Collaborative learning through better design

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A glimpse into the Centre for Engineering Innovation and Entrepreneurship opening in 2016

In an early morning tutorial, students are racing to complete a daily challenge. But instead of working alone in a computer lab or in extended rows of lecture seating, they’re collaborating at six small tables, surrounded by the latest learning technology.

Welcome to a Technology-Enhanced Active Learning (TEAL) room – one of several new hands-on learning spaces for U of T students at the forthcoming Centre for Engineering Innovation and Entrepreneurship (CEIE), targeted to open in 2016.

The CEIE features prominently in the future landscape of U of T’s downtown campus and showcases innovative and intentional designs that will promote collaborative, hands-on learning. Here’s a glimpse:

Light fabrication facilities

The new light fabrication facilities in the CEIE will allow students to turn their ideas into working prototypes. Large, open-concept rooms hold mechanical and electrical resources as well as 3D printers. The workspaces are conveniently located near collaborative TEAL and design rooms, so that students can quickly move between the planning and production stages of their projects.

With supervision and resources available long after the classroom doors have closed for the day, the facilities are designed to be accessible, and will be used by students for class projects as well as clubs, co-curricular activities, and much more.

“Our students really need a creative construction space in order to go beyond the boundaries of the coursework and into the realm of really creative design,” said Professor Susan McCahan, U of T Engineering’s vice dean, undergraduate.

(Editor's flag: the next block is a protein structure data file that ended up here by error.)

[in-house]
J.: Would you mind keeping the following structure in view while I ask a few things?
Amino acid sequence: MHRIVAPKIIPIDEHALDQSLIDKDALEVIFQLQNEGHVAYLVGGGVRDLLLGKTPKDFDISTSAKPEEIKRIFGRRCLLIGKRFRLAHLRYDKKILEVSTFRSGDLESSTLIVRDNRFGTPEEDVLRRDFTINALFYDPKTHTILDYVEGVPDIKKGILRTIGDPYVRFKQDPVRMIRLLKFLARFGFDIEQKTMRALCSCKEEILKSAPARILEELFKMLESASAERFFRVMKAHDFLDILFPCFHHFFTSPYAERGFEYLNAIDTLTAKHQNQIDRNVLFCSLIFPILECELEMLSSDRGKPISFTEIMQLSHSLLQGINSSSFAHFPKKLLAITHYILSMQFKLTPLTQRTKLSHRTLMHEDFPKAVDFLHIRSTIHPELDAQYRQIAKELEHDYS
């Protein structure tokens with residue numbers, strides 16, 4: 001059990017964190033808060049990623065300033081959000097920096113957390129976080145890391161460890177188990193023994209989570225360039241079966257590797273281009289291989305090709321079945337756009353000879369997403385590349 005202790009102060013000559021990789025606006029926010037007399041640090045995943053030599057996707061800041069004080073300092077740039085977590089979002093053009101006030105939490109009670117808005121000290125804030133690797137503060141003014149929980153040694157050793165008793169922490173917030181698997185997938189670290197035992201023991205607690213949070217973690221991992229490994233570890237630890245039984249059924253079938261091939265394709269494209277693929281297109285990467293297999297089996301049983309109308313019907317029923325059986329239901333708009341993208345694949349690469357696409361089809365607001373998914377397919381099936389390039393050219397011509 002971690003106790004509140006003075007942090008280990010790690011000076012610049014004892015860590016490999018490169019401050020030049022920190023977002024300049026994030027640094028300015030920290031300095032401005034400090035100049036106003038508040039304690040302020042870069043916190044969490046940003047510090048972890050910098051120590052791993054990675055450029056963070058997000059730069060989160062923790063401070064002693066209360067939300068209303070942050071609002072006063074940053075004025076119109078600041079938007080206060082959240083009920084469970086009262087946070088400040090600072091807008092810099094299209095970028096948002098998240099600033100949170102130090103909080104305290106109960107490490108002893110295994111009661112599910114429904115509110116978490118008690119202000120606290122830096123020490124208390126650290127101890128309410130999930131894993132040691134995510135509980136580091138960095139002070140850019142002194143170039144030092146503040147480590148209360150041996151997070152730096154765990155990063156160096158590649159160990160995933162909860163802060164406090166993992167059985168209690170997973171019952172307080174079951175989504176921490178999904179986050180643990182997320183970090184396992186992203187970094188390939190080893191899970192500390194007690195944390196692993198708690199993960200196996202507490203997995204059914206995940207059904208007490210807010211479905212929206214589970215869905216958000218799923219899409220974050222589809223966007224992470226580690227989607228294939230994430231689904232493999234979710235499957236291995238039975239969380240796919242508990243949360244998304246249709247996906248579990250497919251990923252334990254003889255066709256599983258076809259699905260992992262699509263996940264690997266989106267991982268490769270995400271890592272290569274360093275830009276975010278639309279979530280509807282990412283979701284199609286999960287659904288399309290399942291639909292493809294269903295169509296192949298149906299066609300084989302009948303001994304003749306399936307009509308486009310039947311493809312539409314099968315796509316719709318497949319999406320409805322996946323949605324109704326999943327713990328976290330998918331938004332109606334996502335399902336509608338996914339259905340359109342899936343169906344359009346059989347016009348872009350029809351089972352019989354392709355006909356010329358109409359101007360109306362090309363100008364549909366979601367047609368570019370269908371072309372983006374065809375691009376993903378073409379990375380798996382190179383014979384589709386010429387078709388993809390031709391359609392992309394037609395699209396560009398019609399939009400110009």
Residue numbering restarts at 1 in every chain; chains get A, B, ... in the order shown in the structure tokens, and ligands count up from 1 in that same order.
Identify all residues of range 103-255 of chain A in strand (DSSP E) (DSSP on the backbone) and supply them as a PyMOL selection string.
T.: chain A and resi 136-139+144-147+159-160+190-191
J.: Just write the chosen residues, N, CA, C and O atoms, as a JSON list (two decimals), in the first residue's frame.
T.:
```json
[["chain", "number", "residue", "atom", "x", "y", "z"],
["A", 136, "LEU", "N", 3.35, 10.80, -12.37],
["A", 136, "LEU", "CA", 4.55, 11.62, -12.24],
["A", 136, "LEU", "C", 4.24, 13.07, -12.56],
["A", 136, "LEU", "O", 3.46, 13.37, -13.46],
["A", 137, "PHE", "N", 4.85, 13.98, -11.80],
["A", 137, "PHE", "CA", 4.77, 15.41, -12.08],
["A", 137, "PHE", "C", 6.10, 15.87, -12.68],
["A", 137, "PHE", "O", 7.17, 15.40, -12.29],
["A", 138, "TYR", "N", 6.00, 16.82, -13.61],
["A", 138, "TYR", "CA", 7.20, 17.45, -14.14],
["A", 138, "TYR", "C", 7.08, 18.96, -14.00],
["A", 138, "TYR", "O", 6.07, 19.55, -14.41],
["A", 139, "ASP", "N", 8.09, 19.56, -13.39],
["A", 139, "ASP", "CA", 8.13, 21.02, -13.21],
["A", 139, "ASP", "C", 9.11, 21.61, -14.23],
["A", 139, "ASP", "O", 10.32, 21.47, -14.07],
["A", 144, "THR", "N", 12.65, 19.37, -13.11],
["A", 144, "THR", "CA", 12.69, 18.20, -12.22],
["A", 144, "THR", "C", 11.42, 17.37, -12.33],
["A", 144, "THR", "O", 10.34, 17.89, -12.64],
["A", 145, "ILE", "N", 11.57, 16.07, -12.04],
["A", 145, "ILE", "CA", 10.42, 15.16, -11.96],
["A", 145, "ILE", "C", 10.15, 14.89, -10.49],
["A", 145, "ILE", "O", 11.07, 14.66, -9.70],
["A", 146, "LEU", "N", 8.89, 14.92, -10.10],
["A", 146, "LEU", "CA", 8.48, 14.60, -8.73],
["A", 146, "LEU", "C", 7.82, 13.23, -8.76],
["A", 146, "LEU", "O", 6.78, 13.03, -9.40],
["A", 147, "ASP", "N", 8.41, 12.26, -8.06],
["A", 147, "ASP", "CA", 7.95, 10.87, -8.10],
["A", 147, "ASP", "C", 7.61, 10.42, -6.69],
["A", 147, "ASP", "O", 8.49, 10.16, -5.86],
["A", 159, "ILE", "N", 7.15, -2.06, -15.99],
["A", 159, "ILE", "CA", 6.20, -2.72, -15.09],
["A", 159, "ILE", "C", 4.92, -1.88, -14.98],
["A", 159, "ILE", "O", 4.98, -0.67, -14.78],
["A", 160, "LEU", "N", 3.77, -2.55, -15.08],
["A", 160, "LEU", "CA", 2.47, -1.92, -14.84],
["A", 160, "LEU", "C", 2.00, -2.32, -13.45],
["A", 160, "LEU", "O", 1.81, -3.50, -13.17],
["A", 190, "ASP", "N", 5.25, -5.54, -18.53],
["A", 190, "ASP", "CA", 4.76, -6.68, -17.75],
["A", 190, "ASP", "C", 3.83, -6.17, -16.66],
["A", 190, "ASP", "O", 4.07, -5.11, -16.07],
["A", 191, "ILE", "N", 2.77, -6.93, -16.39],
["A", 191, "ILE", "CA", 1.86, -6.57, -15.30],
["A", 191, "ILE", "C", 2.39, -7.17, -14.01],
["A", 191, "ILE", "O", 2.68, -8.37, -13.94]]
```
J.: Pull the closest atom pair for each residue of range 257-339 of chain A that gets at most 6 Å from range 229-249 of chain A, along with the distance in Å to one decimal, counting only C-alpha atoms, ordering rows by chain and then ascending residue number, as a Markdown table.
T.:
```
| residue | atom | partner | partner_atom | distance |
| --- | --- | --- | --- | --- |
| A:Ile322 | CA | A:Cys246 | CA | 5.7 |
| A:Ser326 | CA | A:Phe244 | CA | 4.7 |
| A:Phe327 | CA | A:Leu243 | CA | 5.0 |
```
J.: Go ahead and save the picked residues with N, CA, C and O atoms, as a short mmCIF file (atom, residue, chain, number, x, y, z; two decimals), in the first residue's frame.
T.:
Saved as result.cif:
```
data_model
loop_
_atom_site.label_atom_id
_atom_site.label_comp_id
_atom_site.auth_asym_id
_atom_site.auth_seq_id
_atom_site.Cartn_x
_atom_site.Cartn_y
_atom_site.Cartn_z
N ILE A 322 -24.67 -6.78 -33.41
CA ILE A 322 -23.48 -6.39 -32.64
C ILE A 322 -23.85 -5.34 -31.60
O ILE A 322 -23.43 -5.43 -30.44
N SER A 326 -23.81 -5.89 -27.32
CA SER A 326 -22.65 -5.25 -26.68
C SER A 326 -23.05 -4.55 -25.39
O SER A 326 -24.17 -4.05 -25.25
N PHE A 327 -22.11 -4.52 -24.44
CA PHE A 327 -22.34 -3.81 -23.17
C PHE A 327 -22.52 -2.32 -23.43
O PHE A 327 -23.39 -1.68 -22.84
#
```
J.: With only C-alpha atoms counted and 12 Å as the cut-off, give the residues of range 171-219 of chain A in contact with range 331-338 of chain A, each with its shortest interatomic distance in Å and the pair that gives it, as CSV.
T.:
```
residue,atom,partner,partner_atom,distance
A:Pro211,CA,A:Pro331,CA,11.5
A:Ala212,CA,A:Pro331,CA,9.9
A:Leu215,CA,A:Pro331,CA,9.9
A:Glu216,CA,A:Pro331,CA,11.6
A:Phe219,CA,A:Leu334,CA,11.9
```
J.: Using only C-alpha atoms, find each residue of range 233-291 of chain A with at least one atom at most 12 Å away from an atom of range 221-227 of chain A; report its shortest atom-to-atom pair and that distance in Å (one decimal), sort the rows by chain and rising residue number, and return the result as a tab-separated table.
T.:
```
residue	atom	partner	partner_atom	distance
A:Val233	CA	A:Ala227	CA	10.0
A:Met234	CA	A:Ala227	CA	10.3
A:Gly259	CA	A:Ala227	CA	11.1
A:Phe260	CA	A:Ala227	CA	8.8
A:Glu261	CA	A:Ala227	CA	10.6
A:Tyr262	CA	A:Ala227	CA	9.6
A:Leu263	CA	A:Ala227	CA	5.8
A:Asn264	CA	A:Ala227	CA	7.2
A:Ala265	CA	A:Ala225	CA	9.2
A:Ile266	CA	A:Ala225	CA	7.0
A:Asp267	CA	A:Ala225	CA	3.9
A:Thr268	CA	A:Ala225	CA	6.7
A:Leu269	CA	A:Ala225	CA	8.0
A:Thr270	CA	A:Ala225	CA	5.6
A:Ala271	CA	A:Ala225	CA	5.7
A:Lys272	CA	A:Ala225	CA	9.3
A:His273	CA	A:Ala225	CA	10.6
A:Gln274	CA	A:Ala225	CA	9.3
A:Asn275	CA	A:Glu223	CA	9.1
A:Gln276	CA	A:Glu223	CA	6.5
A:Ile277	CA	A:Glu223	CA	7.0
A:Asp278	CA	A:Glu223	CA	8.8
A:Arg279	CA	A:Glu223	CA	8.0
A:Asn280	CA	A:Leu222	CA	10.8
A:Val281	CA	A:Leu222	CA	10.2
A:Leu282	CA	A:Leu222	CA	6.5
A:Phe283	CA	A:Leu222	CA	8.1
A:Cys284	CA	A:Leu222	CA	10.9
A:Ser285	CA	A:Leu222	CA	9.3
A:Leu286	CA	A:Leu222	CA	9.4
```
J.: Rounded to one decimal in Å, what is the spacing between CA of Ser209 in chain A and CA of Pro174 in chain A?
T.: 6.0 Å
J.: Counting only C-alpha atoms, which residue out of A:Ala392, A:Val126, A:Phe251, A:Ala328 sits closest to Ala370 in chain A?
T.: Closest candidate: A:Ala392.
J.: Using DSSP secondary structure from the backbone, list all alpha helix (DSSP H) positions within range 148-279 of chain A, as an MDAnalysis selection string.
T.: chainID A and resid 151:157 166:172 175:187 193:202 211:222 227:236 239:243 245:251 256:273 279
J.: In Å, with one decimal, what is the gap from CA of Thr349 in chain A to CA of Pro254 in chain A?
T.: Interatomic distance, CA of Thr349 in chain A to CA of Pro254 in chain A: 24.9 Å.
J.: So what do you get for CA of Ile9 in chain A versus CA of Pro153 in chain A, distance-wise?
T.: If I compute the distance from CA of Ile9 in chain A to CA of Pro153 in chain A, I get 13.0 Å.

TEAL rooms

“There’s a whole slew of research that suggests that collaborative problem-solving, and directed interaction between students, is much more effective as a learning pedagogy than traditional lecturing,” said McCahan.

That’s why plans include up to six TEAL rooms. The new spaces will provide an environment that’s conducive to a more active approach to learning, and one that overcomes the challenges with traditional lecture-centric classroom design. Designed specifically for collaborative, hands-on learning, these rooms are slated to include:

  • counter-height tables that allow professors to engage eye-to-eye with students

  • grouped tables to foster collaborative learning

  • state-of-the-art screens around the room that are accessible to every student

  • power sources for students to run tablets or laptops at their table

McCahan hopes that these new learning spaces will help professors to “think more intentionally about the activities that are going on in the tutorials,” and, ultimately, “to teach differently.”

A centre for collaboration

According to Steve Miszuk, director of planning and infrastructure at U of T Engineering, the new building is designed to encourage collaboration throughout the entire building. Student spaces are concentrated, so individuals and teams can quickly act on new ideas – brainstorming them in the design/meet rooms, creating them in the fabrication facilities and then receiving mentorship to commercialize them in the Entrepreneurship Hatchery.

For many of the Faculty’s interdisciplinary research labs and institutes, offices and workspaces are planned around ‘nerve centres,’ or open areas designed to facilitate interaction and dialogue.

“[The CEIE] is a chance to create a building that is entirely centred on engineering, and on the theme of collaborative learning,” said Miszuk. He noted that the building will even have a 500-seat lecture hall that can be transformed from a traditional theatre to a collaborative environment for students to debate and discuss ideas in teams.

“I think that the theme throughout the entire building is the power of collaboration in learning, creating and innovating,” said McCahan. “Whether you’re talking about the collaborative lecture space, the Entrepreneurship Hatchery, or myriad other spaces, when you put people together into teams, the whole can be greater than the sum.”

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